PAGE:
Whether you are already diagnosed with osteoporosis or you are unaware you are at risk, a fracture may well become a reality – sometimes caused by a simple misadventure that in a younger, stronger boned person would not cause a problem.

Rehabilitating a fracture, especially if your bones are already compromised by osteoporosis can be a tricky business.  Such was the case with Bettie Cilliers (82) living an independent life in her own home in a retirement village in Durbanville, South Africa, when she broke her arm after slapping a cricket with a towel against the wall. The debilitating injury caused her arm to slide out of its socket and ruptured her shoulder muscles.

She was diagnosed with osteoporosis. She had never received a diagnosis before, yet the silent disease already settled in her bones long before. An operation followed with four months of intensive physiotherapy, as well as carers who helped her to bathe, get dressed and cooked her dinner. Bettie has 4 children, 3 of whom are living in South Africa and took turns to look after their mom during her rehabilitation.

Up to that point she was still driving and enjoyed spending time with friends and family.  Life returned to normal, or that is what she thought. A year later she was getting out of the car when she stumbled and landed on the paving causing another severe fracture to the same upper arm. This time the orthopaedic surgeon had to insert screws and a plate, she was admitted to a step-down facility for rehabilitation and later had to spend time in the frail care centre of the retirement village where she lives.

Bettie developed an infection in the wound and on inspecting her x-rays her doctor found that the plate and screws inserted in her arm had moved, since her bone was  very fragile. A second plate was inserted at that stage. The whole procedure repeated itself and she was again admitted to the frail care centre and had to receive intensive physiotherapy.  One morning while sitting on her bed she fell and again broke the bone on the same arm. A third plate was inserted, followed by months of occupational therapy and physiotherapy.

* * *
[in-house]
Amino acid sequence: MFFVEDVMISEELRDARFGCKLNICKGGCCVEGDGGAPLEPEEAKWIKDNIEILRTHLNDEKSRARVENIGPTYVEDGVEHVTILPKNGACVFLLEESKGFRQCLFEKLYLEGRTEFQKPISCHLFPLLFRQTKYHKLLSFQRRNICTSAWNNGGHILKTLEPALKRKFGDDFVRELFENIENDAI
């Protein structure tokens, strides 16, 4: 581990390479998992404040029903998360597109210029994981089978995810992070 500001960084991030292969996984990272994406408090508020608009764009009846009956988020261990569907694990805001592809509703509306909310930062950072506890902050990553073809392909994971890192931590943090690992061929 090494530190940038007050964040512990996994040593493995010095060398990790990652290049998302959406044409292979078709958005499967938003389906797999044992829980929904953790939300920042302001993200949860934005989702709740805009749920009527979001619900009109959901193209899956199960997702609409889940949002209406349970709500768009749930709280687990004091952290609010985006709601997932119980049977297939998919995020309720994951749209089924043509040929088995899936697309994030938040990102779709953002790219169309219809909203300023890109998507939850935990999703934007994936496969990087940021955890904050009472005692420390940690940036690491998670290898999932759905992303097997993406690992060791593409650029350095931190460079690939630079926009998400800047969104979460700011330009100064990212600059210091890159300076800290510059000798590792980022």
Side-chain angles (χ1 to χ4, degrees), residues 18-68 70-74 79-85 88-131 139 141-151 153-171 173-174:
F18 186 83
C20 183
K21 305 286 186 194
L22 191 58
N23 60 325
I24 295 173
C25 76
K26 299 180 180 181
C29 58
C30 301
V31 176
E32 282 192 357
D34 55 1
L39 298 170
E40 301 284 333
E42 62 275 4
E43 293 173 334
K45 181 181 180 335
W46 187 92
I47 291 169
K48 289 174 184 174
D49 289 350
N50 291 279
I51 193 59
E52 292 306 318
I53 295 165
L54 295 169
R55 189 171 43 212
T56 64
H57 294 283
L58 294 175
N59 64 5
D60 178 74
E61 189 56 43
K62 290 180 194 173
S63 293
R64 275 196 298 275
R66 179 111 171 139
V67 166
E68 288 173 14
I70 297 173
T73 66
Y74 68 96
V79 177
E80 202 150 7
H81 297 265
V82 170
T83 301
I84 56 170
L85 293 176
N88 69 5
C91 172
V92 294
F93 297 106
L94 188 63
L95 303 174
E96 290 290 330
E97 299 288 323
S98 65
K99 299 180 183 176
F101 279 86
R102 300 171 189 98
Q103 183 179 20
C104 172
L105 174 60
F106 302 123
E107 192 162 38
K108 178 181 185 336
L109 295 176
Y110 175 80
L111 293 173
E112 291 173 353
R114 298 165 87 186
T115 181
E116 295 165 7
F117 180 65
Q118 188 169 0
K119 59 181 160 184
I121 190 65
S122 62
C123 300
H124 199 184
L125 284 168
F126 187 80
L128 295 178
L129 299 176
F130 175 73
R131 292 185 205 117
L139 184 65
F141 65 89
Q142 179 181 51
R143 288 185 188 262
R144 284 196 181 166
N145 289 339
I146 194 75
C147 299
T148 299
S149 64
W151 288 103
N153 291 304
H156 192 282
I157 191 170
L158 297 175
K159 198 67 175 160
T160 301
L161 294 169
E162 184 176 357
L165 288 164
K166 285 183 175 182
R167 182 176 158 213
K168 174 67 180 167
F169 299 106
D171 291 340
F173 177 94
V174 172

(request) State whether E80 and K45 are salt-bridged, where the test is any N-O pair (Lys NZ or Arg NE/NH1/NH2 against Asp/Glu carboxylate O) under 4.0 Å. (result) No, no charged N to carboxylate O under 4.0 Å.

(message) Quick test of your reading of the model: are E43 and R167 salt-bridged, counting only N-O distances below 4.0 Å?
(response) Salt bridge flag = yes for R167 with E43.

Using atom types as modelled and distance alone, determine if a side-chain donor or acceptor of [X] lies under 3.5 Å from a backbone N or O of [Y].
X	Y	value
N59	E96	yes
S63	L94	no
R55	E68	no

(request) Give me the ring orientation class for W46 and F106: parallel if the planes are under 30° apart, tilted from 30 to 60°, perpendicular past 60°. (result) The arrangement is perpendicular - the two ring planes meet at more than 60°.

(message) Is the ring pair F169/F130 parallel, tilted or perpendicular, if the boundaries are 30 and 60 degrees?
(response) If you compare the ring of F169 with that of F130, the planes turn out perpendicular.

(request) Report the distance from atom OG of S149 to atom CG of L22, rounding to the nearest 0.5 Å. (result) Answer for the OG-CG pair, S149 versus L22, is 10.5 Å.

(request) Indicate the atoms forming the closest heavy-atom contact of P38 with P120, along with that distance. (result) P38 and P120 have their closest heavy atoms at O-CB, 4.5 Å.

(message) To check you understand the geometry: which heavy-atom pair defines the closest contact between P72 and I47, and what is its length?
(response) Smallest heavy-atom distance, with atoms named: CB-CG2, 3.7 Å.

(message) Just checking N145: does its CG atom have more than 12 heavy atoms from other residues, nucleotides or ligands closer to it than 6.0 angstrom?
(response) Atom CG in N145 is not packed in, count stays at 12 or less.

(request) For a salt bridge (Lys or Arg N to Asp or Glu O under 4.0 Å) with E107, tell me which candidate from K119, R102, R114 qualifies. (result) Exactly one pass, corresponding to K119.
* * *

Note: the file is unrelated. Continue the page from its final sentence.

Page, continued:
Caption:  An X-ray showing the screws and plates inserted into Bettie’s arm

Throughout this time her children had been extremely supportive but also realised that their mother was a fall risk and that she could no longer live on her own. They had to sell her home and settled her in a flat that became available in the main retirement centre.  They also appointed a full time caregiver to look after her.  She is no longer receiving full time care, but is receiving adequate monitoring and care by the retirement village staff.

The long-term result of these fractures meant that Bettie would only always have 25% use of her arm.  Her surgeon also indicated that if she falls again and injures her arm, there would be severe implications.  Some major life changes took place. Her car was sold as she would never be able to drive it again. Any clutter and loose carpets in her apartment were removed. When she wants to go for a walk, she needs to take along a panic button and concentrate only on her walking to prevent her from falling. She has extra grab rails in her bathroom and her privacy has been severely impacted since staff need to monitor her day and night. She also regularly visits the retirement village gym to strengthen her muscles.

Bettie admits that awareness of osteoporosis is important, since she had no indication that she had the disease until she fell. Subsequent to her ordeal her children have gone for bone density scans and understand the importance of taking Vit D3 and doing weight-bearing exercises.  Her children admit that it was difficult to see their mom give up her independence and felt responsible for her even though they could not be with her the entire time. They also feel guilty that they did not pick up any signs that she had this disease. Living more mindfully and being body aware is one of the lessons she had to learn, such as getting up slowly, turning around slowly and remaining aware of her body’s position in space the whole time.


Caption:  Bettie with her daughter Mitzi who helped to take care of her

It is clear that we should create more awareness about the disease. The fact that it is known as the ‘silent’ disease is not helpful. Education should begin in the school years as to the prevalence and danger of the condition – and that it is not necessarily a decline associated only with old age.

Fragility fractures impose a tremendous burden on our older people, their families and carers, and our economy. A broad range of osteoporosis treatments, available in an array of dosing regiments, have been shown to significantly reduce the risk of hip fractures, vertebral fractures and other clinically apparent fractures.

Visit www.osteoporosis.org.za for more information and help us to create noise.